The amount of new concepts covered during the workshop was actually quite large, so it was an ambitious task to cover it all during a single day. There were a few compromises made in order to tackle the challenge. We tried reasonably hard to introduce each new concept with as few oblique dependencies as possible, but would sometimes pragmatically mention that something would be explained later, even though we were using it now. The most obvious example that comes to mind was the “Num” type-class that appears very early due to numerics, but isn’t explained until the type-classes chapter in the last sections of the workshop.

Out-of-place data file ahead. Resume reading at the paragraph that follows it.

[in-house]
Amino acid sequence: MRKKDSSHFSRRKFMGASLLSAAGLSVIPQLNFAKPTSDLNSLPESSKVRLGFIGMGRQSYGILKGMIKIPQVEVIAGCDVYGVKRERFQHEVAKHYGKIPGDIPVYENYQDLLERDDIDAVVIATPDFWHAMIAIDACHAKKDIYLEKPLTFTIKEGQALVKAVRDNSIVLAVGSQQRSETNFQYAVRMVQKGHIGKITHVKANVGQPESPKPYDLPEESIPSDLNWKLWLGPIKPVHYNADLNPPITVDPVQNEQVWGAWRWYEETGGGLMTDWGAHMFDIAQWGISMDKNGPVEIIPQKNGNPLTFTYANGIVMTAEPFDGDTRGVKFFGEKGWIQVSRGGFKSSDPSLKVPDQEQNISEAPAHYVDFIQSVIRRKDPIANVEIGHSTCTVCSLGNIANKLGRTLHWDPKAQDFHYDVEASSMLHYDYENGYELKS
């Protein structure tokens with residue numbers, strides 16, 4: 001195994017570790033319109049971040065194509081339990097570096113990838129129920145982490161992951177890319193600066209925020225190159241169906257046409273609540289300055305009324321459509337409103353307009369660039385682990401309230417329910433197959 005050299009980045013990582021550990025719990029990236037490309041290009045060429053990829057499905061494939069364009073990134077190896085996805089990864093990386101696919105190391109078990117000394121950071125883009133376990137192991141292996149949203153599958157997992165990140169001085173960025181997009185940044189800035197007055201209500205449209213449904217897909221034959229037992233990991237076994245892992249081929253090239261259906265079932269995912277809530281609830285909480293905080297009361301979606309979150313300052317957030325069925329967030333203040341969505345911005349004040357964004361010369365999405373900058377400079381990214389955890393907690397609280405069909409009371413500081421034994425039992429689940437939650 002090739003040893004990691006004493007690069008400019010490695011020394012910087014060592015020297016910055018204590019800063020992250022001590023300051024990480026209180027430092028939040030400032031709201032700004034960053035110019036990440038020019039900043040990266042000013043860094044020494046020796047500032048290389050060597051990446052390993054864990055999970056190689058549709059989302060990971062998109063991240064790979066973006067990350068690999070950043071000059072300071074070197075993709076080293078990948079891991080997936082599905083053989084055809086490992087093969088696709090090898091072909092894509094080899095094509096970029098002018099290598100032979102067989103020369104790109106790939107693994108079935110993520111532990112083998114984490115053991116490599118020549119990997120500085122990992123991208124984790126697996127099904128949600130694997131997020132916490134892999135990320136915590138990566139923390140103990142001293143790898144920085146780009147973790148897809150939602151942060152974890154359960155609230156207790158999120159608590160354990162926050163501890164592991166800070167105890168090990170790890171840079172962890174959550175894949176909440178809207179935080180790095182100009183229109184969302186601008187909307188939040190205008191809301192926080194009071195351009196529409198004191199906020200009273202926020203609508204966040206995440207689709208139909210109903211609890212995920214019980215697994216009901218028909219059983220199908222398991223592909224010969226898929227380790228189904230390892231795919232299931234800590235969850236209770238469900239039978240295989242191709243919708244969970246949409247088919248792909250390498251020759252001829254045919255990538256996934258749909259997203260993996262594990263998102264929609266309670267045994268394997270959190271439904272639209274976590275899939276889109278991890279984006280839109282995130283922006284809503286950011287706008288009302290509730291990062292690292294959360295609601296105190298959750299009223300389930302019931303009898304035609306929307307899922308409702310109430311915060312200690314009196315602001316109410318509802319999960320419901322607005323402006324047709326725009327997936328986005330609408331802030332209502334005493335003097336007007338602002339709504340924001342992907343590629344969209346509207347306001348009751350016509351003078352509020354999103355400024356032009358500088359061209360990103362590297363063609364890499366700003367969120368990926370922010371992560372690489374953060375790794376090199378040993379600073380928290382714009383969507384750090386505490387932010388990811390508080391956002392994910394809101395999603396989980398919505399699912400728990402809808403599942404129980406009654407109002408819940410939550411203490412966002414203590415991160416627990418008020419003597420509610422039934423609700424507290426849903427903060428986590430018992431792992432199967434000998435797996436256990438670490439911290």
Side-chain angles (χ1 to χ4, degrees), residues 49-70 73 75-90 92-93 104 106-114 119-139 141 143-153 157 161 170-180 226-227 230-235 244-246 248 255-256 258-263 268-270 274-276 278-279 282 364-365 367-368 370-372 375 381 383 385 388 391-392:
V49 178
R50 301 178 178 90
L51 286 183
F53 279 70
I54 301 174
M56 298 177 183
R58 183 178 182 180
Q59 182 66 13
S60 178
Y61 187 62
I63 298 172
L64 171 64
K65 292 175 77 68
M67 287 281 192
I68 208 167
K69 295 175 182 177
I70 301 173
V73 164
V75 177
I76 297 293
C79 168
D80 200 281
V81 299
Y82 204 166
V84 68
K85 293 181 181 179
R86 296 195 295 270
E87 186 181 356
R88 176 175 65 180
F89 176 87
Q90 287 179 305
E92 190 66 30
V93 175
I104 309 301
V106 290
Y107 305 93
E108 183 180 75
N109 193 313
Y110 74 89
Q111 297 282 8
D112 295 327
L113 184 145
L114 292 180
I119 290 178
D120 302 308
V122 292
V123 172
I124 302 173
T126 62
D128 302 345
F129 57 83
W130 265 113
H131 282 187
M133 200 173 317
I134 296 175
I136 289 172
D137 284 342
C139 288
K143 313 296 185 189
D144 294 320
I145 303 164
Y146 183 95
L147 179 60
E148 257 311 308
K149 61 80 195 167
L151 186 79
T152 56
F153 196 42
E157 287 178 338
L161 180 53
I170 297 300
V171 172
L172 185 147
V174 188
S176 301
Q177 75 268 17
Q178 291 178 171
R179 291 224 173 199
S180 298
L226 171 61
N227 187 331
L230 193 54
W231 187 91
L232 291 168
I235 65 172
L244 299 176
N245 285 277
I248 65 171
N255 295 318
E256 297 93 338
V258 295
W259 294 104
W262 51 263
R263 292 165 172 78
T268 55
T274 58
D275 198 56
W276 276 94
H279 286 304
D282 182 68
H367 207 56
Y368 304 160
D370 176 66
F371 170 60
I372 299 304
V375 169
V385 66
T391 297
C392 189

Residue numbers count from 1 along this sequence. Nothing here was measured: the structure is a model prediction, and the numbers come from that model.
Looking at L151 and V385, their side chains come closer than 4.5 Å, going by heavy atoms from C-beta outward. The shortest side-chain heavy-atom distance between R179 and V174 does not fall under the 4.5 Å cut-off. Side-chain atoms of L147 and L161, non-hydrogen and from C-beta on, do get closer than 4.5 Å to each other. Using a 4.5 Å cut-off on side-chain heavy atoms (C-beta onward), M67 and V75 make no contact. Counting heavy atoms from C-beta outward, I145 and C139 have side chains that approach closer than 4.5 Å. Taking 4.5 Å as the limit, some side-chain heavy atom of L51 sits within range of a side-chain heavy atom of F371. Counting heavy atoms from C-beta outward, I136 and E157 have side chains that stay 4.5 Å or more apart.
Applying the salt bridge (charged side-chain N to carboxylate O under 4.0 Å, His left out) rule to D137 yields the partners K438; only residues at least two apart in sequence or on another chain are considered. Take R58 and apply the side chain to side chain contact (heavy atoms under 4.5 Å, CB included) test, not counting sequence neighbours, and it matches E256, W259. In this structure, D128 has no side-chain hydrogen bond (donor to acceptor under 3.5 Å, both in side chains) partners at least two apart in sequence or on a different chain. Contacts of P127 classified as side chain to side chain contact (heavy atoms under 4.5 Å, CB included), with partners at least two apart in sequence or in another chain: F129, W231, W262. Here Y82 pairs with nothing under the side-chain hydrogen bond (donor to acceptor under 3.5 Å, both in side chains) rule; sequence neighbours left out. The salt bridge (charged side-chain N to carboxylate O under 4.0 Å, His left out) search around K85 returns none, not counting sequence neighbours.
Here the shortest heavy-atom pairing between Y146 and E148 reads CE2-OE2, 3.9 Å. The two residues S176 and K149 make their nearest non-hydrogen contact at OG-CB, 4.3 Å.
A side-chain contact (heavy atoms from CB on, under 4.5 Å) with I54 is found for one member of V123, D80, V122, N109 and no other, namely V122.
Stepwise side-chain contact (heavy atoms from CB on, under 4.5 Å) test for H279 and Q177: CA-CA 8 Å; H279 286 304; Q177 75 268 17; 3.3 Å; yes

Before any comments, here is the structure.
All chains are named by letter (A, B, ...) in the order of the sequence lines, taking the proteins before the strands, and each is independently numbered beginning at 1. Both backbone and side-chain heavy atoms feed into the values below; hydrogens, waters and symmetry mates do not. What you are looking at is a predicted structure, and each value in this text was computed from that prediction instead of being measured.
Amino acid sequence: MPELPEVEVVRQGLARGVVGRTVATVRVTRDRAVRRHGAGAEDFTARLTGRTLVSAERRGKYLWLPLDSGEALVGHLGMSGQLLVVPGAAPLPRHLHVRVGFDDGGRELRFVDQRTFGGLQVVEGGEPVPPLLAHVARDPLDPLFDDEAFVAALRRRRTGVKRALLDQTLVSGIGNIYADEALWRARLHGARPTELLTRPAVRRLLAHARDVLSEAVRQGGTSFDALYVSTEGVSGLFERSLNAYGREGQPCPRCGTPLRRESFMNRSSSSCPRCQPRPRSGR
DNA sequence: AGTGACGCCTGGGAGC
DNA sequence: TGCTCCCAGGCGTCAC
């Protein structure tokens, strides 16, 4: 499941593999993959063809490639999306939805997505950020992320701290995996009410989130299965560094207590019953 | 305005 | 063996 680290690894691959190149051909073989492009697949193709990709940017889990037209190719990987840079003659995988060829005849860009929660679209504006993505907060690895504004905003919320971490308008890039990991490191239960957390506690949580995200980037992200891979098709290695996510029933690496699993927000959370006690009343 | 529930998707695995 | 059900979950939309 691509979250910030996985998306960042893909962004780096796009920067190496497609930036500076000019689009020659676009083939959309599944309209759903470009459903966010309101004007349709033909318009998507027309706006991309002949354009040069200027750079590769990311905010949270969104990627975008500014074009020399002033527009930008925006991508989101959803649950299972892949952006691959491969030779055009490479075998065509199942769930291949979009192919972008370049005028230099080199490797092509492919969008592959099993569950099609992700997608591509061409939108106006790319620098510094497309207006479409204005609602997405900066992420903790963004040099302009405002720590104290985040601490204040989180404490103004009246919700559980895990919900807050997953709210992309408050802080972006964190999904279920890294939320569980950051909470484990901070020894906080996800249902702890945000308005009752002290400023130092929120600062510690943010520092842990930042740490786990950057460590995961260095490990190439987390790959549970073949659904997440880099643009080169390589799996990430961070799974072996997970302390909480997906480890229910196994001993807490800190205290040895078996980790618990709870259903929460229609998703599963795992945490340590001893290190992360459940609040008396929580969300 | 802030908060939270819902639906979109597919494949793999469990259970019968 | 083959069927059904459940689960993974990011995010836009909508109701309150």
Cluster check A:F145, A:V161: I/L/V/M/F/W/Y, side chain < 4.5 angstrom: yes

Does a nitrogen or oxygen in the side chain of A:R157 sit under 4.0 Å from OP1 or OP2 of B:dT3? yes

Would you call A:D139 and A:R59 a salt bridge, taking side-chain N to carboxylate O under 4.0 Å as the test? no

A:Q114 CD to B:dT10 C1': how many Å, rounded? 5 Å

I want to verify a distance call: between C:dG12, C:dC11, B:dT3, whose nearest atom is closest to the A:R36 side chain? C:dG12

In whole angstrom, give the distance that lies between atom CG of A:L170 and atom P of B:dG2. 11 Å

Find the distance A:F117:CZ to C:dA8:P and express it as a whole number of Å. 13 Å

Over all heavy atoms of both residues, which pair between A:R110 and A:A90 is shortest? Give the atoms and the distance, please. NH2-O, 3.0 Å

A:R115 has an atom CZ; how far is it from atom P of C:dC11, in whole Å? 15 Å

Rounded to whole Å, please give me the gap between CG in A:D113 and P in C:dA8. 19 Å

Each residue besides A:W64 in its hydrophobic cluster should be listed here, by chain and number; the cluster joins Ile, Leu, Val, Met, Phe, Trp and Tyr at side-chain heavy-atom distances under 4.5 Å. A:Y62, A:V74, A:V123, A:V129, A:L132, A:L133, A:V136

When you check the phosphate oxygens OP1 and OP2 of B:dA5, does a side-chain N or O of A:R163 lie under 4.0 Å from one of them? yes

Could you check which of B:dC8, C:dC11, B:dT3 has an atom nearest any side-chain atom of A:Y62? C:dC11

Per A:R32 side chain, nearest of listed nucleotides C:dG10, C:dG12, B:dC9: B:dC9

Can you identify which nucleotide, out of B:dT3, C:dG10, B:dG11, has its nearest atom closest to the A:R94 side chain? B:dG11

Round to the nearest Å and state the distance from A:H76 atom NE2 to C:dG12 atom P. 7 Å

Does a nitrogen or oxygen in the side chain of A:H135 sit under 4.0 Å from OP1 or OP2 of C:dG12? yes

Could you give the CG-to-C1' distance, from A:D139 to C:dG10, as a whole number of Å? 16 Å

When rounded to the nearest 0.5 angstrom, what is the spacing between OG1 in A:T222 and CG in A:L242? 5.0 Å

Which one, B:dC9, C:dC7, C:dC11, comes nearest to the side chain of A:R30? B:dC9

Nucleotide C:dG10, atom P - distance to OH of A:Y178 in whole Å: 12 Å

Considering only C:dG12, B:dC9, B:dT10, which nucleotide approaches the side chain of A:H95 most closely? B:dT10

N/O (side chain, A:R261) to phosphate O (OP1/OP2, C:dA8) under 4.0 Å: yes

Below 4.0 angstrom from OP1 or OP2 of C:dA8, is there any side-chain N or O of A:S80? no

Another issue that we had was the use of the “pointfree” package as a demonstration of the Haskell ecosystem. Since I hadn’t tested this with the latest version of Stack it worked for me, but not the attendees. We suggested trying the “hlint” package instead and while this worked, the servers were running sluggishly in the morning, so it downloaded slowly and we had to leave the installation in the background and come back to it later rather than stare at a progress-bar together. Not a show-stopper, but I should have tested this example properly before the day.